Community Clean Energy Forum to be Held Thursday, March 1 at the Broyhill Inn and Conference Center

Published Monday, February 27, 2012 at 11:25 am

By C. Russell Clark

Broyhill Inn and Conference Center

The Broyhill Inn and Conference Center

Feb. 27, 2012. BOONE — On Thursday, March 1, Appalachian State University will host Energy Innovation in the High Country, a discussion forum seeking to bring together energy professionals, students, faculty, business owners and local community members to discuss clean energy solutions.

The discussion forum will be held from 6 to 9 p.m. in the Broyhill Ballroom of the Broyhill Inn and Conference Center located at 775 Bodenheimer Dr. and serviced by the Gold Route of the AppalCART bus system.

The forum is being organized by Caitlin Stepp, Christina Wiegand, Alex Ransom and Allie Garrett; ASU students who are working in conjunction with Crystal Simmons, acting as a liason for Focus the Nation, a youth-focused 501(c) non-profit organization based out of Portland, Ore.

According to its website, Focus the Nation works with youth around the country to organize community discussions in order to further its mission of “accelerat[ing] our transformation to a clean energy future by fostering connections between generations, and empowering young people through education, civic engagement and action.”

Thursday’s event will feature introductory speeches by Ged Moody, Director of ASU’s Sustainability Department and Brian Crutchfield, Director of Sustainable Development for the Blue Ridge Electric Membership Corporation (BREMCO), folllowed by a series of panels and “breakout” sessions focusing on specific aspects of clean energy.

Stepp, a senior double-major at ASU and member of the university’s Renewable Energy Initiative (ASU REI), said, “the panel will introduce people to the topics but the forum’s agenda will be facilitated through a choice of concurrent breakout sessions, which are small group discussions.”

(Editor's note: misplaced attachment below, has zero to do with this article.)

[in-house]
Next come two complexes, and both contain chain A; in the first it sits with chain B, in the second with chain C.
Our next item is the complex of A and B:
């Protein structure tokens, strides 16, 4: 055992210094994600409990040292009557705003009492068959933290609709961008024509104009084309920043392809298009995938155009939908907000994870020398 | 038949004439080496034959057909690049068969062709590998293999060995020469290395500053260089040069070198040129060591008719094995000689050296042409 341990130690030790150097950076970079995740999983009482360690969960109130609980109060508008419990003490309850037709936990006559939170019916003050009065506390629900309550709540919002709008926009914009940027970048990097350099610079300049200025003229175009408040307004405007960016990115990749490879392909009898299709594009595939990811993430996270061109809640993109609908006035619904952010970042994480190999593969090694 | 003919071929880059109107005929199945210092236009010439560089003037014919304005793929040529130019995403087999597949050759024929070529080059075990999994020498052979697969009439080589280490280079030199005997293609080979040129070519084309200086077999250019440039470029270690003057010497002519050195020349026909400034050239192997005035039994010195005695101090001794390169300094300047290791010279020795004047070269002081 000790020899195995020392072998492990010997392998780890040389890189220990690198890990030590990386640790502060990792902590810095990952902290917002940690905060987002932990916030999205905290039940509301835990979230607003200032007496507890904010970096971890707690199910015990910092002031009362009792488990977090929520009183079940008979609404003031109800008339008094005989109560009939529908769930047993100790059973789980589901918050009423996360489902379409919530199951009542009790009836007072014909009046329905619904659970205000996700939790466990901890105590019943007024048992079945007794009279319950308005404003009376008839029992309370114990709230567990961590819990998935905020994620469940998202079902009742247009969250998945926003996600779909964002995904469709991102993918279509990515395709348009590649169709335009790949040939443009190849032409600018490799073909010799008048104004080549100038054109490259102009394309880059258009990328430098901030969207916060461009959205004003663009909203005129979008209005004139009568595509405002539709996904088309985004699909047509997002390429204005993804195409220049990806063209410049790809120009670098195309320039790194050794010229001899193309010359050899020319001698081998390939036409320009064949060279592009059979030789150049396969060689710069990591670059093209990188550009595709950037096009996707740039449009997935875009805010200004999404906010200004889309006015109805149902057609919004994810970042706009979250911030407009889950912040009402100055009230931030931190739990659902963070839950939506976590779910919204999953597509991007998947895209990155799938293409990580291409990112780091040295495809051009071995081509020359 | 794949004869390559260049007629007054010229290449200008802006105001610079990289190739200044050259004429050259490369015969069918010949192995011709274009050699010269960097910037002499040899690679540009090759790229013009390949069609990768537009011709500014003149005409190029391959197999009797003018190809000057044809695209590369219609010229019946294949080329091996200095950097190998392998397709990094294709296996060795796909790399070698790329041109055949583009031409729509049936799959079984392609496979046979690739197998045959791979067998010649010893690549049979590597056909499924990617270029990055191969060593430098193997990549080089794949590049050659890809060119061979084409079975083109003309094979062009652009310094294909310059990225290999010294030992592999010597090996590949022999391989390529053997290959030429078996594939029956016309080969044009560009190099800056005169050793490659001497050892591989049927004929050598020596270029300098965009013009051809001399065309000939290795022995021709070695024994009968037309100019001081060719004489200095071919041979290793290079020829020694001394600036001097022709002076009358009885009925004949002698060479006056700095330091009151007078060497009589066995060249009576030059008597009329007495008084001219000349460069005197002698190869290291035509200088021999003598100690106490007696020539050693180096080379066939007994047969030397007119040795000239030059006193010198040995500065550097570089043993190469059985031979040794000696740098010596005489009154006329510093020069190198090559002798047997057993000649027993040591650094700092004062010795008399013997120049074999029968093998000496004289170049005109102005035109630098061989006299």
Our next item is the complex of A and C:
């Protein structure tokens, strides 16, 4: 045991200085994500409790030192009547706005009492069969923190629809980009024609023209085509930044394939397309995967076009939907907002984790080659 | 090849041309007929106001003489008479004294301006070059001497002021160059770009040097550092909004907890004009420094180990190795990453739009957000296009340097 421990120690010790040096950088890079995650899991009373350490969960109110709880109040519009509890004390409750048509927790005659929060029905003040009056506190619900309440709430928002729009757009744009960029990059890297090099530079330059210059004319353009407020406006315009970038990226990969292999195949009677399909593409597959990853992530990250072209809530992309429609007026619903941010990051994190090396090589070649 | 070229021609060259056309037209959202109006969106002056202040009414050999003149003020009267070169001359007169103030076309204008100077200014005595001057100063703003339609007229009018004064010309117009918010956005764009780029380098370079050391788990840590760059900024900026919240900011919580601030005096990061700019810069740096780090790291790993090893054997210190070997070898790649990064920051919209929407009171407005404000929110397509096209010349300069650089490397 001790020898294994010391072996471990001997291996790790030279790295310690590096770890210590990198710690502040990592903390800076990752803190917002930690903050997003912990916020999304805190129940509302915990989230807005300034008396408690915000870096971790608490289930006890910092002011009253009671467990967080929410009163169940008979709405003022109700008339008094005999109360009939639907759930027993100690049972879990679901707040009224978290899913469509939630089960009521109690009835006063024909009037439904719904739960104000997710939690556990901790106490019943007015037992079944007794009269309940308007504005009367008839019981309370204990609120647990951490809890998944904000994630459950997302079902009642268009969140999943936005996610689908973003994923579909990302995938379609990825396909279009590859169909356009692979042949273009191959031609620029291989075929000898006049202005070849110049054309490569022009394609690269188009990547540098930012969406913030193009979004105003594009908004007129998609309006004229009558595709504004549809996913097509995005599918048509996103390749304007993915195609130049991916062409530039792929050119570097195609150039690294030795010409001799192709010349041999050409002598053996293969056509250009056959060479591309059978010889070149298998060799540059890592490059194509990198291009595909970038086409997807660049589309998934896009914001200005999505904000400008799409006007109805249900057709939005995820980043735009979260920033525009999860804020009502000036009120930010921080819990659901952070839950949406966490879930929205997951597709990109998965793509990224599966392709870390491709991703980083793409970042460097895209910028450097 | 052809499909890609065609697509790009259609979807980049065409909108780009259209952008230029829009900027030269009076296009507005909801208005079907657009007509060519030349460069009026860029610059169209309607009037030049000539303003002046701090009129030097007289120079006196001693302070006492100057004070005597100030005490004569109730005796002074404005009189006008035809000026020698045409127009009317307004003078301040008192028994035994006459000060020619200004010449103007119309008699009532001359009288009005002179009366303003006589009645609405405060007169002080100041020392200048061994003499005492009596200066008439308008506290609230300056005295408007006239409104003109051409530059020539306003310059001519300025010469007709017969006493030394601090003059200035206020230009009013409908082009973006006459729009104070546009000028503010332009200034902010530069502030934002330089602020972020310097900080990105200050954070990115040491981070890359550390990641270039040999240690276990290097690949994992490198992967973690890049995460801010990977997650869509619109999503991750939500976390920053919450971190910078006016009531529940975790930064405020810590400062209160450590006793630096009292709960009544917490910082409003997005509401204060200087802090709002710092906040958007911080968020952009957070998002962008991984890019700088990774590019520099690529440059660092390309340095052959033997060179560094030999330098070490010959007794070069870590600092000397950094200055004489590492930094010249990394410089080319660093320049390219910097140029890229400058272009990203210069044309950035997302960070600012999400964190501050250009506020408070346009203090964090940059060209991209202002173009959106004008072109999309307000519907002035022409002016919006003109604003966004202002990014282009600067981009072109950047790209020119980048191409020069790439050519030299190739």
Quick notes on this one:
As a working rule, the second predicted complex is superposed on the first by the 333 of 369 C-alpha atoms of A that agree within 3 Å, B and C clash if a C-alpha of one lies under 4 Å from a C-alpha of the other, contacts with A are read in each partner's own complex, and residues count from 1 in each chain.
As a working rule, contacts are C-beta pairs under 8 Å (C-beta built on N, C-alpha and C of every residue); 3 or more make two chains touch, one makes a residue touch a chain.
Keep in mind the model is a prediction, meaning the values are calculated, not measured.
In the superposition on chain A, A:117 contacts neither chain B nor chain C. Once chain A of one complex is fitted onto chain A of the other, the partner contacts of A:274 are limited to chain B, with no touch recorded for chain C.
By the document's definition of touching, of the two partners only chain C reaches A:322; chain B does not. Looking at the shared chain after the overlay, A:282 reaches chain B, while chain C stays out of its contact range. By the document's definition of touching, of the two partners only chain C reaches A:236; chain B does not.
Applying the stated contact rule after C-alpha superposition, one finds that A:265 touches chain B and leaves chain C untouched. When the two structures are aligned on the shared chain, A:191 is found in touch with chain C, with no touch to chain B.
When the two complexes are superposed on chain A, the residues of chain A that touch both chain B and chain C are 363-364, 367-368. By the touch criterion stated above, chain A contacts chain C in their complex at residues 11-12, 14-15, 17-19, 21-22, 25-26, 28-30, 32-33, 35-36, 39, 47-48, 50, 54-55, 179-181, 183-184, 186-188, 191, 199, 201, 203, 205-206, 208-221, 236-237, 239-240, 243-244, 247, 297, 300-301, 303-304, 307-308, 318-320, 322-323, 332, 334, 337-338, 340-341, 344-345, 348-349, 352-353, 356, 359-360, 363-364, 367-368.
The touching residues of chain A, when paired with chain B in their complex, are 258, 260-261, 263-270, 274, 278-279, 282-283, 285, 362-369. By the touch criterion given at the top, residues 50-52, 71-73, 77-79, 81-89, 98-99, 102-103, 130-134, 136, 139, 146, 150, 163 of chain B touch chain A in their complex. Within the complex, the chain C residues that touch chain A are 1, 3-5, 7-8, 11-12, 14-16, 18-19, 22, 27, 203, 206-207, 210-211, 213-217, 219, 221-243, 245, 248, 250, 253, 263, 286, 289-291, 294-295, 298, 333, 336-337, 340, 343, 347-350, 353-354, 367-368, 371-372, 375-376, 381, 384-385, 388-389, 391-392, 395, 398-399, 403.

“This will let us get people focused in on topics they are interested in and have a more intimate dialogue,” said Stepp. “Instead of people just preaching to you the whole time, we want this to be like a conversation.”

According to Stepp the topics and faciliators of the sessions will be: appropriate technology with Dr. Brian Raichle, project planning with Dr. Jim Houser, financing and ownership with Rio Tazewell and community engagement with Quint David. 

Tazewell, Director of Outreach and Education for the Appalachian Institute of Renewable Energy (AIRE), said, “In my session I’ll be talking about different strategies that are being employed around the country to affordably finance solar [power], in addition to talking about the tax equity model that AIRE uses.”

According to Tazewell, AIRE is a 501(c) non-profit that uses a tax-credit based model to develop non-profit-for-profit partnerships in financing renewable energy projects such as the installation of 42 solar panels at the First Congregational United Church of Christ in Asheville, North Carolina.

“I would also like to talk about the barriers that are in place politically and institutionally in general that really make it hard for communities to invest in renewable energy in a cost-effective way,” said Tazewell.

Photos by C. Russell Clark.

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